“Aculé! There you are!” a man’s loud voice piped up, cutting though all other noise in the yard. The girl stiffened at the sound of his voice but stayed with her back to him. “I see you have found him,” the man said, Cormac stiffened at this, now both he and the Stranger were like statues. Cormac turned slowly to face the man, “the boy of the Prophecy.” He continued. Cormac was instantly confused, he tried to say something but nothing would come out. He was confused, too confused to be properly worried.

“I’m taking him to the king,” the girl, who must be Aculé said sternly, “right now.” With that Aculé strode forward and through the small wooden door.

Once inside they went up a few flights of stairs until they were met with yet another wooden door. Aculé refitted her hood and pushed open the door. Cormac now found himself inside what looked to be a maid’s closet. “Where—” Cormac started but Aculé glared at him and mouthed ‘be quiet.’ Cormac shut his mouth without question. I hope what we are doing is legal, he thought. Aculé pushed open the door and Cormac gasp as he recognized the throne room of a castle.

“Aculé,” a sharp voice spoke, Aculé pushed her hood off her head, and dropped to a knee in a bow, pulling Cormac down with her.

“What happened to, ‘I’m not a girl to them’ remember that!!?” Cormac piped bewildered. Aculé did nothing, not even glance his way.

“Is this the one?” the man asked.

“Yes, Your Grace.” she replied. That man must be the king, Cormac thought, looking at the deep sea green robe with fox fur trim. “He matched the drawing you gave me.” The king pulled a scroll from his robe pocket, opening it.

The king stared at the scroll of parchment a moment before a sharp gasp escaped his lips, looking from Cormac to the scroll, “You’re right, Aculé.” he said, “But, then again, when are you ever wrong” he said, his voice going from that of a King, to the voice of a grandfather.

Aculé approached the king and the two began to whisper in a fast and serious manner, every once in a while casting glances at Cormac, who stood awkwardly waiting to be told what to do. After a while, the king and Aculé looked toward him, “You are the man in the Prophecy, Cormac.” the King said solemnly.

“What Prophecy?” Cormac asked quietly.

The king looked taken aback, “You don’t know of the Prophecy?” he whispered. Cormac just shook his head slightly. Clearing his voice the king started to speak in a much practiced voice:

When all is evil,

The Raven’s Son brings peace.

After there is no more upheaval,

All danger will cease.

Cormac stood, stunned, starting at the king, “Is it true?” he asked. The king nodded his head, stepping down from his throne to stand in front of the two younger people.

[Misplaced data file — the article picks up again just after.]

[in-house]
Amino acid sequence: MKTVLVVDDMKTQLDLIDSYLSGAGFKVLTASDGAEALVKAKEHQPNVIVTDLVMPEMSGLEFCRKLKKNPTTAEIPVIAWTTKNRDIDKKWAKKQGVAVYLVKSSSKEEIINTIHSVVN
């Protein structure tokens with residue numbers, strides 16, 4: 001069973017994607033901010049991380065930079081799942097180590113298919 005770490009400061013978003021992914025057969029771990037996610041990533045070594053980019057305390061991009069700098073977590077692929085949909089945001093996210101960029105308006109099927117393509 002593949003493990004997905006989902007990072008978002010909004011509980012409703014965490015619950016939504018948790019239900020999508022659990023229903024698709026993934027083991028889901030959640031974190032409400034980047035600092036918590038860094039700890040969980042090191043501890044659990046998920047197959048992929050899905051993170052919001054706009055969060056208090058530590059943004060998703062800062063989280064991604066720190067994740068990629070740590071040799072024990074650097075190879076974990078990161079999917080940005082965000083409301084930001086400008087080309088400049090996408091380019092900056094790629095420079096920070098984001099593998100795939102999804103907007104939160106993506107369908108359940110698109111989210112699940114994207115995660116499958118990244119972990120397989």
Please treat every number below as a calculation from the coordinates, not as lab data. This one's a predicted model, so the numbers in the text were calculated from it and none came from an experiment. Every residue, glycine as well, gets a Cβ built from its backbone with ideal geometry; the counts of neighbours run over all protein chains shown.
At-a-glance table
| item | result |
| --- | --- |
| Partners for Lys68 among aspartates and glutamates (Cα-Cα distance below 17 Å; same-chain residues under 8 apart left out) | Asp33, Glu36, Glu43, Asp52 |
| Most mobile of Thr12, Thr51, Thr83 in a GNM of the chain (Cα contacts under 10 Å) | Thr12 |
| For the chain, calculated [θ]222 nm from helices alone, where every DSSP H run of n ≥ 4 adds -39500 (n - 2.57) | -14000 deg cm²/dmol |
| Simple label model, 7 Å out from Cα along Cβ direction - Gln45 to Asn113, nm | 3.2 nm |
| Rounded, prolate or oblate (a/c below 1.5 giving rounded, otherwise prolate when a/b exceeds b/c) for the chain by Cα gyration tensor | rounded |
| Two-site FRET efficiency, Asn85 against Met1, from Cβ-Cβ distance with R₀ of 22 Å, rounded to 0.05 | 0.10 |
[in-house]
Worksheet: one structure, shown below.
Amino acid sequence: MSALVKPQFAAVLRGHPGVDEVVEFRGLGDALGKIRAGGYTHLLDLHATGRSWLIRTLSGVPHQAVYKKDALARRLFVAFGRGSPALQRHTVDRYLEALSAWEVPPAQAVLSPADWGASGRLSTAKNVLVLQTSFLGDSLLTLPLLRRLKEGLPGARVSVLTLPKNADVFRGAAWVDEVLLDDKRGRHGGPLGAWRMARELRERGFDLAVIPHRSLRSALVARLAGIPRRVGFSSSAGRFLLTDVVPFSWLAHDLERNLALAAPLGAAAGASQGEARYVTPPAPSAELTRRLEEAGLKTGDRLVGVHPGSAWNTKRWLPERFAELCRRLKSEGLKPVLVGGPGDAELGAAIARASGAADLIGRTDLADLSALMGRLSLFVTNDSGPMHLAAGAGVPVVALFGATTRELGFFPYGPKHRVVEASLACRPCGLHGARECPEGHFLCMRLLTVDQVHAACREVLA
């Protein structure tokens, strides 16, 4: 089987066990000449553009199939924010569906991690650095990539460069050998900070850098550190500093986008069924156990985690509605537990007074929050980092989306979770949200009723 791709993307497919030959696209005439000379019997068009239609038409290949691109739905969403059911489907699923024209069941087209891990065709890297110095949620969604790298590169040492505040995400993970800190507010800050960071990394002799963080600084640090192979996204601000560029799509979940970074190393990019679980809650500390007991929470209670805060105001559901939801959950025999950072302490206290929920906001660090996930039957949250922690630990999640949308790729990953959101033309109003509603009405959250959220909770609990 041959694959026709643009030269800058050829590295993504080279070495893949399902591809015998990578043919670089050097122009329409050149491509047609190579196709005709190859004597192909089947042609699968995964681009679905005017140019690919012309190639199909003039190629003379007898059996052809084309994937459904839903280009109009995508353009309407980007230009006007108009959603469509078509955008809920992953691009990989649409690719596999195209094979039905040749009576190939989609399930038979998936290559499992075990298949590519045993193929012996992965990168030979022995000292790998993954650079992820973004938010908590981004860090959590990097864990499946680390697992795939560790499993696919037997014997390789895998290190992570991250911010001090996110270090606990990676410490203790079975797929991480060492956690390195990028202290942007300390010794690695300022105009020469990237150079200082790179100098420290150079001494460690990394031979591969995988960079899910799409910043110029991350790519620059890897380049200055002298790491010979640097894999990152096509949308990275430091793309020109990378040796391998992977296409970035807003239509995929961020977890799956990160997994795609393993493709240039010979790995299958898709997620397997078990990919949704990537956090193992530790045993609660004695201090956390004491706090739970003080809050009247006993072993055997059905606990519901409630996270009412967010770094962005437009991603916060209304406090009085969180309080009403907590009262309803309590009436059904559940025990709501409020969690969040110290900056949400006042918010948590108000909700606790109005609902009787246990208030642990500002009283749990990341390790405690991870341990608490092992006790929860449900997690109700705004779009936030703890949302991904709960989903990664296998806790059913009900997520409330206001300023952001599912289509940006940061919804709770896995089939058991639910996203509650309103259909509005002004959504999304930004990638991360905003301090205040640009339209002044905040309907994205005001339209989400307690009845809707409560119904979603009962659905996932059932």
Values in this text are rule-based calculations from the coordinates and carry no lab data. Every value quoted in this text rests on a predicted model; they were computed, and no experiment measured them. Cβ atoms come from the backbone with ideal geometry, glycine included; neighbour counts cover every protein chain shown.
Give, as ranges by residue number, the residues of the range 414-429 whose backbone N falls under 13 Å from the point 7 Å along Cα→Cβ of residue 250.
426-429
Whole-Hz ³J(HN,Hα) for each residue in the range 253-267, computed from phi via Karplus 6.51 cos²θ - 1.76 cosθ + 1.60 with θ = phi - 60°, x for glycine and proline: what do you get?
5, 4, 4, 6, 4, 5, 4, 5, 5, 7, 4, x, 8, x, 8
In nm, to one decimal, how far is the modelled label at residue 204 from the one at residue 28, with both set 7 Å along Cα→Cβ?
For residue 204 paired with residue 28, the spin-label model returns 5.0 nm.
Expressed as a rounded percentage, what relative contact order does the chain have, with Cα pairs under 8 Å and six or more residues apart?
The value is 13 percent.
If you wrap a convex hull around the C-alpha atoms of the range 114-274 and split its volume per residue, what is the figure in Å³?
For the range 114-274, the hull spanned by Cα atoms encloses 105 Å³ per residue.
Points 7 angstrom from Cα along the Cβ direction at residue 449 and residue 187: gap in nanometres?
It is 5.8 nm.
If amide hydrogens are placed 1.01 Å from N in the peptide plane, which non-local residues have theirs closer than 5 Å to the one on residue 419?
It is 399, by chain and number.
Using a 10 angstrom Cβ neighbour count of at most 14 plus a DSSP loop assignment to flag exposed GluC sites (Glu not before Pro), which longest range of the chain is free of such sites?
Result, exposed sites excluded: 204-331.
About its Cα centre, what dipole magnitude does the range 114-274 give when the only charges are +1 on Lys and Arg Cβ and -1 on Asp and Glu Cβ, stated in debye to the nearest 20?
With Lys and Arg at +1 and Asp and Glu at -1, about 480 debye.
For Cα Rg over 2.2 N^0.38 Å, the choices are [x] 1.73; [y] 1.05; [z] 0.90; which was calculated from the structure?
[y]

“Of course it’s true, boy! It came from the gods!”

Aculé stepped forward, “Should I teach him how to wield a sword, Your Grace?” she asked with a slight bow of her head. The king just nodded and clapped Cormac on the shoulder before leaving the throne room through a door on the side of the room.

Cormac and Aculé spent three weeks straight training with various weapons, they used broad swords, rapiers and a bow and arrow. Cormac got arrows with turkey feather fletching and Aculé used arrows with peacock wing feather fletching. Cormac even used a mace once, until he nearly took out a page that just happened to be in the wrong place at the wrong time. Within those three weeks, Cormac and Aculé became fast friends.

The castle that Cormac now stayed at was huge, with its giant courtyard, three floors and his room with a living area, bedroom, dressing room, and bath. It was an amazing life. Three meals a day and anyone is willing to do anything for you. The one thing Cormac still couldn’t figure out was how the Prophecy tied to him, and why he was doing all this training. So one day during a break in training, he asked Aculé. She seemed to know a lot about what’s going on around the castle, so asking her was probably the best bet. “What do I have to do with the Prophecy?” he asked.

Aculé looked up from the book she was scanning through, “You, Cormac, are the hero.”

“Hero?! I’m no hero!”

“Yes, you are going to free the kingdom of Oka.”

“The kingdom of Oka...?”

“Yes, it was once a good kingdom but it was taken over by Lord Cicada, the evilest man alive. When I found you in the forest you were being chased by something of his. I’m not sure what though.” she said, her sentence trailing off.